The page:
First, apprentice works of enormous sophistication and beauty on television, most notably his sublime portraits of classical composers for the BBC arts series Monitor. The increasingly cinematic ambition (not to say iconoclastic provocativeness) of these productions segued naturally into a feature film career of profuse energy and commitment. Incredibly, there was a time where big studios were willing to give him big budgets and big stars to make wild, kaleidoscopic, intensely personal films on commercially suicidal subjects. Thanks to the surprise critical and box-office success of Women In Love in 1969 (definitely not one of his best films, actually: he himself considered it his worst) he got to make The Music Lovers, The Boyfriend and The Devils: a redefinition of eclecticism, but all of it rooted centrally in the same set of basic artistic concerns.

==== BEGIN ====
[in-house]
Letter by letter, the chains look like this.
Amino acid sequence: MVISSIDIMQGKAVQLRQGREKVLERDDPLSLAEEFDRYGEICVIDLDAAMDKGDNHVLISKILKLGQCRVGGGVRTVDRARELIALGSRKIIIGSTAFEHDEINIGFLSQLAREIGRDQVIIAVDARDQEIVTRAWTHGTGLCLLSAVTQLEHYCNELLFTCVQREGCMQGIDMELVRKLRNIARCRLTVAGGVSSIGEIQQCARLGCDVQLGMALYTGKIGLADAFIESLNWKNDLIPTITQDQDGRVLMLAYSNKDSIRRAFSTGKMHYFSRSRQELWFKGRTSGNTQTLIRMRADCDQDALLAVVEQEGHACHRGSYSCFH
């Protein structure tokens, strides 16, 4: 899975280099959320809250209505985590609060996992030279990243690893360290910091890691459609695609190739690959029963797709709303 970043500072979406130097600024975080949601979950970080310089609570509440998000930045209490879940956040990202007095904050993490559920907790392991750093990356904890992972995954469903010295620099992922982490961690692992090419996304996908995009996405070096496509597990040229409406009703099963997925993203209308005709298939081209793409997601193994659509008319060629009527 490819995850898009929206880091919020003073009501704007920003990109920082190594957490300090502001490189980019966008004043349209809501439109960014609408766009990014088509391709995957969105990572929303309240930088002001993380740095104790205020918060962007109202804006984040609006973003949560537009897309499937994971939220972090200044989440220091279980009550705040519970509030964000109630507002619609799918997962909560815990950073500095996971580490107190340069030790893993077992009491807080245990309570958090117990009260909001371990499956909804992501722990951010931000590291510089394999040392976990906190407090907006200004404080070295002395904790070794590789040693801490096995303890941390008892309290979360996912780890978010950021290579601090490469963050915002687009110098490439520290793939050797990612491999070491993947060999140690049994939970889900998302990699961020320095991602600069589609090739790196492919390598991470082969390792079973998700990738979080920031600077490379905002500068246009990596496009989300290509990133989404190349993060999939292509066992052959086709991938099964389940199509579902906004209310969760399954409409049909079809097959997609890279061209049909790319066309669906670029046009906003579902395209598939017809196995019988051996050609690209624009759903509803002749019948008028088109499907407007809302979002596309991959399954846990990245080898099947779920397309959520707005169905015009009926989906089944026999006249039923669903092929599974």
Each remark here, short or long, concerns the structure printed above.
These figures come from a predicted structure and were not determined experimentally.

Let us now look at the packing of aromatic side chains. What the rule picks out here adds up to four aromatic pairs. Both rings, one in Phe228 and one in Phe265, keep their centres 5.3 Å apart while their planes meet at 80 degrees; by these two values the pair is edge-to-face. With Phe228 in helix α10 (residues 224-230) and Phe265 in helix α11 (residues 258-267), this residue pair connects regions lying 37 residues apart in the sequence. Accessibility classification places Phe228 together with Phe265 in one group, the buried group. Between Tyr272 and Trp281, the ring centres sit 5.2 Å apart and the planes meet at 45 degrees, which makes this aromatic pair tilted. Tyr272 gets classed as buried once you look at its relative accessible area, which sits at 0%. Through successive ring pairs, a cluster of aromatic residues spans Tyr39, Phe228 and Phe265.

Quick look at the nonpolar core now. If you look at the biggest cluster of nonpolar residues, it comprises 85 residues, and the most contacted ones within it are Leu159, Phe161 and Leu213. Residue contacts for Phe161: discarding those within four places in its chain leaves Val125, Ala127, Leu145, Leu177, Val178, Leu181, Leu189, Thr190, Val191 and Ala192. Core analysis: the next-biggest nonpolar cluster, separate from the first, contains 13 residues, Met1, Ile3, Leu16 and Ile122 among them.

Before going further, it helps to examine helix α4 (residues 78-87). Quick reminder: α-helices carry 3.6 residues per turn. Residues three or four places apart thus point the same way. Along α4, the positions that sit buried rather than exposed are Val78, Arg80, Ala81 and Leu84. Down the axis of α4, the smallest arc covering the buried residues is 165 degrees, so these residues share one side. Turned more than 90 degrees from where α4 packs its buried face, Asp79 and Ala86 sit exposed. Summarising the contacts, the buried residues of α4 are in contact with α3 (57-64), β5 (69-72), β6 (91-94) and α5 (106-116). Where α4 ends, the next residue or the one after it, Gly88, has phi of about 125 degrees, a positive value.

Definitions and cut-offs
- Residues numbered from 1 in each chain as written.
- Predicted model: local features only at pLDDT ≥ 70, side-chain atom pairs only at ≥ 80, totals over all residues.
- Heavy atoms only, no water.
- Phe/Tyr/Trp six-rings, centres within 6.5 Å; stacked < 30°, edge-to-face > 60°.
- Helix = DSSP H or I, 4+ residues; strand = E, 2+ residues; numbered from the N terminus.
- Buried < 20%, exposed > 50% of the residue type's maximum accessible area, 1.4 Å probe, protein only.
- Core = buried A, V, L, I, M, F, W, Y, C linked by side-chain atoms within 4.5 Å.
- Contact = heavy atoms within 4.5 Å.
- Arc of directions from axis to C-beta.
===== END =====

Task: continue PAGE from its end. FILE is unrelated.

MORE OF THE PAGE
Perhaps inevitably it was not a ride he was going to be allowed to play on forever. A trip to Hollywood led neither to work of value (Altered States and Crimes of Passion both have followers, but to me they just do not give the impression of being shaped by a free hand) nor to useful opportunities thereafter, and after one final burst of frivolous eccentricity back in Britain (Gothic, The Lair of the White Worm, Salome's Last Dance) he was reduced first to hack work, and then, when even that dried up, to tail-chasing video experimentalism.